The Mississippi Retired Public Employees' Association says that it won't accept any changes to the state's defined benefit pension system with the 2019 statewide elections less than year away.
In her letter to members in the newsletter, MRPEA president Ann Thames said, "Remember, the voting booth is the most effective way to deal with those who are not supporters of PERS."
The MRPEA's fall newsletter tells its members if a legislator is considering any modification to the Public Employees' Retirement System of Mississippi, they should consider casting their vote differently. That includes changes to the cost of living adjustment, which is one of the many factors eating PERS' fiscal lunch.
The organization says it will begin surveying candidates on where they stand on changing PERS and reveal those results on its Facebook page.
The Legislature will have to increase its employer contributions to PERS by $75 million this year after the PERS board voted this summer to increase the employer contribution rate from 15.75 to 17.4 percent. This number, using 2017 figures, could be as much as $87 million annually for state employees and $25 million for local governments.
The 2018 comprehensive annual financial report on the pension system will likely be released after the PERS board meets on December 18.
PERS is in better shape financially, but demographics (fewer workers supporting a greater amount of retirees) and the COLA are presenting substantial headwinds to the bottom line.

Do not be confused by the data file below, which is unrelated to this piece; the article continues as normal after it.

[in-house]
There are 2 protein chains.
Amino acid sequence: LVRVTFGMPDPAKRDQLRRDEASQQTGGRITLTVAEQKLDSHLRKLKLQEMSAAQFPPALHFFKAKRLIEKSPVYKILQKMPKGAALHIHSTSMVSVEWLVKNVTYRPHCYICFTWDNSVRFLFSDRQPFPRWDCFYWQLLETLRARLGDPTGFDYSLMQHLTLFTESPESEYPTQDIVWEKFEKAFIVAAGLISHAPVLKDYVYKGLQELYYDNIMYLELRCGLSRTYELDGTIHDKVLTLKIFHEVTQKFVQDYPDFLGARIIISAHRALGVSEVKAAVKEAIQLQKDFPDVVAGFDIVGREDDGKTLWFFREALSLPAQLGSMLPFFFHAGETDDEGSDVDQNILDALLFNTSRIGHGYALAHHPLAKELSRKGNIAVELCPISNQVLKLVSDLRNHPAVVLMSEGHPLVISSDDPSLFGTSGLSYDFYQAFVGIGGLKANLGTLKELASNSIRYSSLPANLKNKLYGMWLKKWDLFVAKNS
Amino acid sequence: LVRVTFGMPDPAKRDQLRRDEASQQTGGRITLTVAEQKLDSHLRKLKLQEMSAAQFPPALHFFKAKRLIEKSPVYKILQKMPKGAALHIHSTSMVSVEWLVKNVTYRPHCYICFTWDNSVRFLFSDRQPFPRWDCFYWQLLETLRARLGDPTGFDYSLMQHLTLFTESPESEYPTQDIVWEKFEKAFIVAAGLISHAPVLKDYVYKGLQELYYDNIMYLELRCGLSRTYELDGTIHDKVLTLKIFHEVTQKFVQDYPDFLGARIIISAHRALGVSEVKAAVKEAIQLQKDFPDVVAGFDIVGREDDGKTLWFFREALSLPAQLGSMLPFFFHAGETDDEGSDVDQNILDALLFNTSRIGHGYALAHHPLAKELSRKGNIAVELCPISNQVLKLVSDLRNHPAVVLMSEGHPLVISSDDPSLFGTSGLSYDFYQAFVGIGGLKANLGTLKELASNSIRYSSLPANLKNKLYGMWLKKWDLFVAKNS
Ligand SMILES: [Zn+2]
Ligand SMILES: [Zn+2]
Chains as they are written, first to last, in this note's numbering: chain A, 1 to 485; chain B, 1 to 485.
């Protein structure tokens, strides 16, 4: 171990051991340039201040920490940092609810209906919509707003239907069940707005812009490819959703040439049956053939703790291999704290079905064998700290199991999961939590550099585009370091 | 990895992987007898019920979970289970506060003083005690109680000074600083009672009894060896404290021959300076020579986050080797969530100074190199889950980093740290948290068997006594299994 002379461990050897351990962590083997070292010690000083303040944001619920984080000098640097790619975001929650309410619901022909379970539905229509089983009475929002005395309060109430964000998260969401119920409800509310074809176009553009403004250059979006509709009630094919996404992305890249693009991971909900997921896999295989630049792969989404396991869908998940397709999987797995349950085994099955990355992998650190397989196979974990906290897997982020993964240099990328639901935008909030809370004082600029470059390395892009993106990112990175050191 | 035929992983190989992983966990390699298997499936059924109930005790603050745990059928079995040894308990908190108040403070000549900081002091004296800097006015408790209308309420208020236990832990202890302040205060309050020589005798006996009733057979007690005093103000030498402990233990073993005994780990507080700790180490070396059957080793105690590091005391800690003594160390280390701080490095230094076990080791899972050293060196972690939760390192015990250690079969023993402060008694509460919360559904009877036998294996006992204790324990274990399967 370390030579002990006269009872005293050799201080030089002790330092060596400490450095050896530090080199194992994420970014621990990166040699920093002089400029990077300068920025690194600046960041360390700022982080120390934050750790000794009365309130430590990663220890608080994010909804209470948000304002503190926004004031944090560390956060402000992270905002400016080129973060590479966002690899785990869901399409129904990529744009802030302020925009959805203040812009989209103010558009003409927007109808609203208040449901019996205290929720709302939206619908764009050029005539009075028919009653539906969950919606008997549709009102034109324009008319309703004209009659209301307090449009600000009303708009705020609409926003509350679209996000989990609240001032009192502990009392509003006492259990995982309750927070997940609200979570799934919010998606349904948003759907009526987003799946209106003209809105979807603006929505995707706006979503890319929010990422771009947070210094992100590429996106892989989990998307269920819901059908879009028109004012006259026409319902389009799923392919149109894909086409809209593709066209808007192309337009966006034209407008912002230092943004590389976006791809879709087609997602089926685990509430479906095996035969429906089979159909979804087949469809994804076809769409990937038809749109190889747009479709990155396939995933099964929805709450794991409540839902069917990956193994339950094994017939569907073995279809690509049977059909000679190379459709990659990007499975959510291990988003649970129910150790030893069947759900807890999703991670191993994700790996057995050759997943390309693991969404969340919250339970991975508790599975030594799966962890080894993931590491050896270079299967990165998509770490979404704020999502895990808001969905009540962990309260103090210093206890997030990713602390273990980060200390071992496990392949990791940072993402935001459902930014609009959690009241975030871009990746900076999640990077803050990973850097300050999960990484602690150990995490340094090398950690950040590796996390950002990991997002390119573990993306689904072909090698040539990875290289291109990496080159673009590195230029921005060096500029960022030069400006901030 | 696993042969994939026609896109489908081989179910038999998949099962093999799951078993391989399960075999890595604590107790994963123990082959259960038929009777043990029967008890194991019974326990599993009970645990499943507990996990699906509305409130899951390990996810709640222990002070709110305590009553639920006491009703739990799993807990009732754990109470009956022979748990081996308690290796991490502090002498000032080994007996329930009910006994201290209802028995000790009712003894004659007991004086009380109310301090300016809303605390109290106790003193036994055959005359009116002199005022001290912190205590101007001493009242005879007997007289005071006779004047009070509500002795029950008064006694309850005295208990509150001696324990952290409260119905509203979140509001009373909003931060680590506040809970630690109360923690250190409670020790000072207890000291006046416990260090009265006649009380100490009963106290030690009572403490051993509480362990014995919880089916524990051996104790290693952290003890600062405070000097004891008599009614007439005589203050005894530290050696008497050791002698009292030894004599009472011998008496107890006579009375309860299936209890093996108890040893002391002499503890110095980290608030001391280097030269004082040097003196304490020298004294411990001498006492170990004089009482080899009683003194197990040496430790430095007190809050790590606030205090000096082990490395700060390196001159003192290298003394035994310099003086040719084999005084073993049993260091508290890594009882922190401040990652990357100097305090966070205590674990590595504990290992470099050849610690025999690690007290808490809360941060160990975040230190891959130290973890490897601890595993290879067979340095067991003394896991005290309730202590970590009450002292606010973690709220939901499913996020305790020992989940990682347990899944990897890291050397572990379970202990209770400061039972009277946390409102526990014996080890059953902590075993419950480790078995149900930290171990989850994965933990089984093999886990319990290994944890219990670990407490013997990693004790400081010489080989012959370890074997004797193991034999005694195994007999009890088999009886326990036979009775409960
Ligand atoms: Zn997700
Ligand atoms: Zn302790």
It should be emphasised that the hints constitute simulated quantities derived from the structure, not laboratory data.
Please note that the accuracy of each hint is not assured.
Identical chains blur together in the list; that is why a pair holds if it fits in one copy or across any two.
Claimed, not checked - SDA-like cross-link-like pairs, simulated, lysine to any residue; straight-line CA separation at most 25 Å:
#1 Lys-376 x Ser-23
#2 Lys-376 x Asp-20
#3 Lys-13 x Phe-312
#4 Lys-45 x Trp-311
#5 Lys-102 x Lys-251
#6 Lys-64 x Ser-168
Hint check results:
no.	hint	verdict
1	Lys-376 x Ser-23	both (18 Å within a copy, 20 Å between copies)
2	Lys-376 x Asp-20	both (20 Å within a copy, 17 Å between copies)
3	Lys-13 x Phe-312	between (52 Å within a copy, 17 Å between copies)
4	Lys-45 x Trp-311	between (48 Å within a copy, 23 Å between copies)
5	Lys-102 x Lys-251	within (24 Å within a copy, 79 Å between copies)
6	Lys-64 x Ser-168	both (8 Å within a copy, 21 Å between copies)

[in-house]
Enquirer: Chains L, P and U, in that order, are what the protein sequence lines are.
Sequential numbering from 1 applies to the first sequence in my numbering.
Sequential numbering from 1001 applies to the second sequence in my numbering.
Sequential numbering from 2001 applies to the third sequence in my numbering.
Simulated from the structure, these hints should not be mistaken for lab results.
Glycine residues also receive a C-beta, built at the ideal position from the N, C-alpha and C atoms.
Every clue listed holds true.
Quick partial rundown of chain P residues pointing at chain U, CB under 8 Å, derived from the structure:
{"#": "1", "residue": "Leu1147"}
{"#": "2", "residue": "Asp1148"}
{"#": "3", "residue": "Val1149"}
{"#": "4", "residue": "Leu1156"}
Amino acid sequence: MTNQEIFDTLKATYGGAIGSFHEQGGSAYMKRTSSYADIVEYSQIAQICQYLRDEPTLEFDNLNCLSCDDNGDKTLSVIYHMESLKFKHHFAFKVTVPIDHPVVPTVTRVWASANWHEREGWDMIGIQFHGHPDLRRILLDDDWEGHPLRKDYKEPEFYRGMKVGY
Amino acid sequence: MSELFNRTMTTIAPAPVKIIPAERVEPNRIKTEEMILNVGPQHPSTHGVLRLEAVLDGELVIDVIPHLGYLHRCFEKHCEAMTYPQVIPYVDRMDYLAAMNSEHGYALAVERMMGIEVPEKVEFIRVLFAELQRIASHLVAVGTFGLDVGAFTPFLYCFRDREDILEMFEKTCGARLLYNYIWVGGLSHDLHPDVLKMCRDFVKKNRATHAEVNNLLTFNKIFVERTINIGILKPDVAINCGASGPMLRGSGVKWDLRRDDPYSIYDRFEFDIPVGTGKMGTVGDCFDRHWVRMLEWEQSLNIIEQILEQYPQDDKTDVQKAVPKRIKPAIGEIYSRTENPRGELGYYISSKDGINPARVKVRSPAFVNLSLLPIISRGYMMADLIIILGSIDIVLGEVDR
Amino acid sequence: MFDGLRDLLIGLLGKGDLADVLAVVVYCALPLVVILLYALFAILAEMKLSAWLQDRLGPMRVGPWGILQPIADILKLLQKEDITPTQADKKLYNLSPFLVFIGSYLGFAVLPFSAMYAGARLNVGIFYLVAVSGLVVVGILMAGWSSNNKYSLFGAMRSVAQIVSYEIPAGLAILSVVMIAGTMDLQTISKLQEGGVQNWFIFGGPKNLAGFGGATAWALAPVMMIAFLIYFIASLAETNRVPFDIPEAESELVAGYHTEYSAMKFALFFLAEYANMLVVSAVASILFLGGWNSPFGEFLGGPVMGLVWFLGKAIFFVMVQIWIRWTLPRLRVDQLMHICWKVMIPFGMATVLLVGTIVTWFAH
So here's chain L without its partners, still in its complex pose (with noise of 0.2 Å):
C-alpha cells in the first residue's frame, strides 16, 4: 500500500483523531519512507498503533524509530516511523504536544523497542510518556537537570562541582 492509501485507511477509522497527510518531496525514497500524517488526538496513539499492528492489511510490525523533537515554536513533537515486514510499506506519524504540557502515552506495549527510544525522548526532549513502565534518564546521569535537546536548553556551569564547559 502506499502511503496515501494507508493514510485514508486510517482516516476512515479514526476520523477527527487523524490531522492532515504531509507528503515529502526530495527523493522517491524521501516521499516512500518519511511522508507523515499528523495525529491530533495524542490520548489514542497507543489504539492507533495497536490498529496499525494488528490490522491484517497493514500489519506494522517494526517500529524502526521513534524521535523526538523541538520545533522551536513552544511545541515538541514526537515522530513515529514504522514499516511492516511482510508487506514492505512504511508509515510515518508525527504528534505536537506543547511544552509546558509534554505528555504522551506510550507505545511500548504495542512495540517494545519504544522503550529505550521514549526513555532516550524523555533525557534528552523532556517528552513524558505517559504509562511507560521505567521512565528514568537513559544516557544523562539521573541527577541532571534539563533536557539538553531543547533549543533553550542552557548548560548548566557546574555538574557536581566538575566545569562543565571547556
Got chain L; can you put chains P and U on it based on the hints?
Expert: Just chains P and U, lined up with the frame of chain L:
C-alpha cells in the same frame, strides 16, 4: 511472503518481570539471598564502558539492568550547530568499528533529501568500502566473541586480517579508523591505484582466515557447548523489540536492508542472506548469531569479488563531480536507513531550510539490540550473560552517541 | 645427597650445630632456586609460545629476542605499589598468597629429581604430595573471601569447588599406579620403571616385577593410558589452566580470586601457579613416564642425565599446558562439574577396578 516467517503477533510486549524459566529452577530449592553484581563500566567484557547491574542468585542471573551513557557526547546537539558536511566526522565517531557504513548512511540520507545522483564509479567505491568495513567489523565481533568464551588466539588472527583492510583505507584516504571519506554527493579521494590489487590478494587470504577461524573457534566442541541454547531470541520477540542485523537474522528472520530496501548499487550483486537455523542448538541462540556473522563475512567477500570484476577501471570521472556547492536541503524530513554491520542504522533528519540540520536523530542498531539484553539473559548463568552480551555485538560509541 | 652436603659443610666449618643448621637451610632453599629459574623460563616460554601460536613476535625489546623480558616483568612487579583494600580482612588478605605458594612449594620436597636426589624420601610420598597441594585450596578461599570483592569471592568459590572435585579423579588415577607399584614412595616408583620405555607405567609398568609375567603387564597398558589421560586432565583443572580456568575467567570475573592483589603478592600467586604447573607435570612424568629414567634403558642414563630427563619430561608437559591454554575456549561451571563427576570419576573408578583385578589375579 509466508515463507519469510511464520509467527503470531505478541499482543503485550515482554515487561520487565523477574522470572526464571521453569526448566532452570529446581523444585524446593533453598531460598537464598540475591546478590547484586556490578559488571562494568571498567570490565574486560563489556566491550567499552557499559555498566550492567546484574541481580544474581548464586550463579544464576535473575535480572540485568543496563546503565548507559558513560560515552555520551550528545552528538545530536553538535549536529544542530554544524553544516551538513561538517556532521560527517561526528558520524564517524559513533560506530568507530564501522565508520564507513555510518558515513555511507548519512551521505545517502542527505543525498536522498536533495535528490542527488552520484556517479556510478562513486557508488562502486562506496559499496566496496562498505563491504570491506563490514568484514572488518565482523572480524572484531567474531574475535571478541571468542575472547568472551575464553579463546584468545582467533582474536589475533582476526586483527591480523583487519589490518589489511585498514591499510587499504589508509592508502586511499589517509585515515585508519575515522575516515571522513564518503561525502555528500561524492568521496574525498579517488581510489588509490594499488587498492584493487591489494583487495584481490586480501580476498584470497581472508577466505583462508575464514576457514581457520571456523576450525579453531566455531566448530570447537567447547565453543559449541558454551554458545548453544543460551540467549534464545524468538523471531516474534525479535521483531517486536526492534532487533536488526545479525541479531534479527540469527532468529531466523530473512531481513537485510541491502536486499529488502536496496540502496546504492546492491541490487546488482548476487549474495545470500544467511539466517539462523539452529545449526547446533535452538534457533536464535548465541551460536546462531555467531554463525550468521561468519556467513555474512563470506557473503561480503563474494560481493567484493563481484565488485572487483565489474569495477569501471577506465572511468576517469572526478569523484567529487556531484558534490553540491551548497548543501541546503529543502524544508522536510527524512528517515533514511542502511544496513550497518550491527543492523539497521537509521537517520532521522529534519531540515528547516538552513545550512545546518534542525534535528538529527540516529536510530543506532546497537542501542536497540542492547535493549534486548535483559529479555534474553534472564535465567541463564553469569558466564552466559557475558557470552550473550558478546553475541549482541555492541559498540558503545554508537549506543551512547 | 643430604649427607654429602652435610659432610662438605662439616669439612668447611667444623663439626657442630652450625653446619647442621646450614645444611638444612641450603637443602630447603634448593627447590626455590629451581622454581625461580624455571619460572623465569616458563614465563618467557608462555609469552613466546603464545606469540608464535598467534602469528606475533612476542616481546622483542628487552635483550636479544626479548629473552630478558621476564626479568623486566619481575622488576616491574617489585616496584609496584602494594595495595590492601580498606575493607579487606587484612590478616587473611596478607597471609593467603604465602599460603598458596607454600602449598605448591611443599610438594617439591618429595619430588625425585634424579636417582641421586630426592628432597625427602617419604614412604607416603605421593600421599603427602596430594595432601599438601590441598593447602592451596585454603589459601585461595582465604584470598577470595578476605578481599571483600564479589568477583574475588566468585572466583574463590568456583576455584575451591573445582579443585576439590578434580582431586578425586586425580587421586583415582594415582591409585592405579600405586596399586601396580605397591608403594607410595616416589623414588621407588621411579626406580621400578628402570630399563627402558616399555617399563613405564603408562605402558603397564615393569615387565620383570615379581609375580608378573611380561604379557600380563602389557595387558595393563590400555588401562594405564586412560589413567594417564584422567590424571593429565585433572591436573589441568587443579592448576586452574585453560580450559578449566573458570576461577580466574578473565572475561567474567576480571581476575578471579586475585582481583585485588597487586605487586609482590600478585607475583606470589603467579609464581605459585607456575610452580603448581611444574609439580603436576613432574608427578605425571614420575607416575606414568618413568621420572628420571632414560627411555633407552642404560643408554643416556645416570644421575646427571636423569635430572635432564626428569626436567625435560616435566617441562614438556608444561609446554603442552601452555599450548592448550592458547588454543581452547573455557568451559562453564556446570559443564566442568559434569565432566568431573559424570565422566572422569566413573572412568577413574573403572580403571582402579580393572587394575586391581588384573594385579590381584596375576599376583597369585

The pension fund went from an anemic return on its investments in 2016 — when it earned only 1.2 percent — to 14.96 percent. The difference between 2017's investment income was more than $2.4 billion. The plan expects an annual return on its investments, known also as a discount rate, of 7.75 percent. As a result, the plan's funding ratio, which is defined as the share of future obligations covered by current assets, increased slightly from 60 percent to 61.5 percent.
The amount of unfunded liability also decreased, going from $17.9 billion in 2016 to $16.6 billion.
The biggest problem for the plan is demographics, as fewer workers are having to support an ever-larger pool of beneficiaries.
The number of PERS retirees increased in 2017 to more than 102,000, up 59.9 percent from 2005, when the system supported more than 63,000 retirees. Conversely, the number of contributing employees has decreased to more than 152,000, down nearly 2,000 employees from last year.
Things are likely to get even worse in coming years — no matter what the gains the plan makes with its investments — as a tsunami of retirements is in the offing. The average age of the plan's members is 44.7 and members with at least 15 years of service represent 27 percent of all state and municipal employees in the PERS system.
On top of more retirees, PERS provides a cost of living adjustment that has become more expensive every year. PERS provides the COLA that amounts to three percent of the annual retirement allowance for each full fiscal year of retirement until the retired member reaches age 60. From that point, the three percent rate is compounded for each fiscal year. Since many retirees and beneficiaries choose to receive it as a lump sump at the end of the year, the benefit is known as the 13th check.
Since 2005, the annual amount PERS pays for the 13th check has increased 185 percent, going from $211 million to this year's $603 million.
The 2011 commission on PERS reform called by then-Gov. Haley Barbour recommended that the PERS COLA be frozen for three years.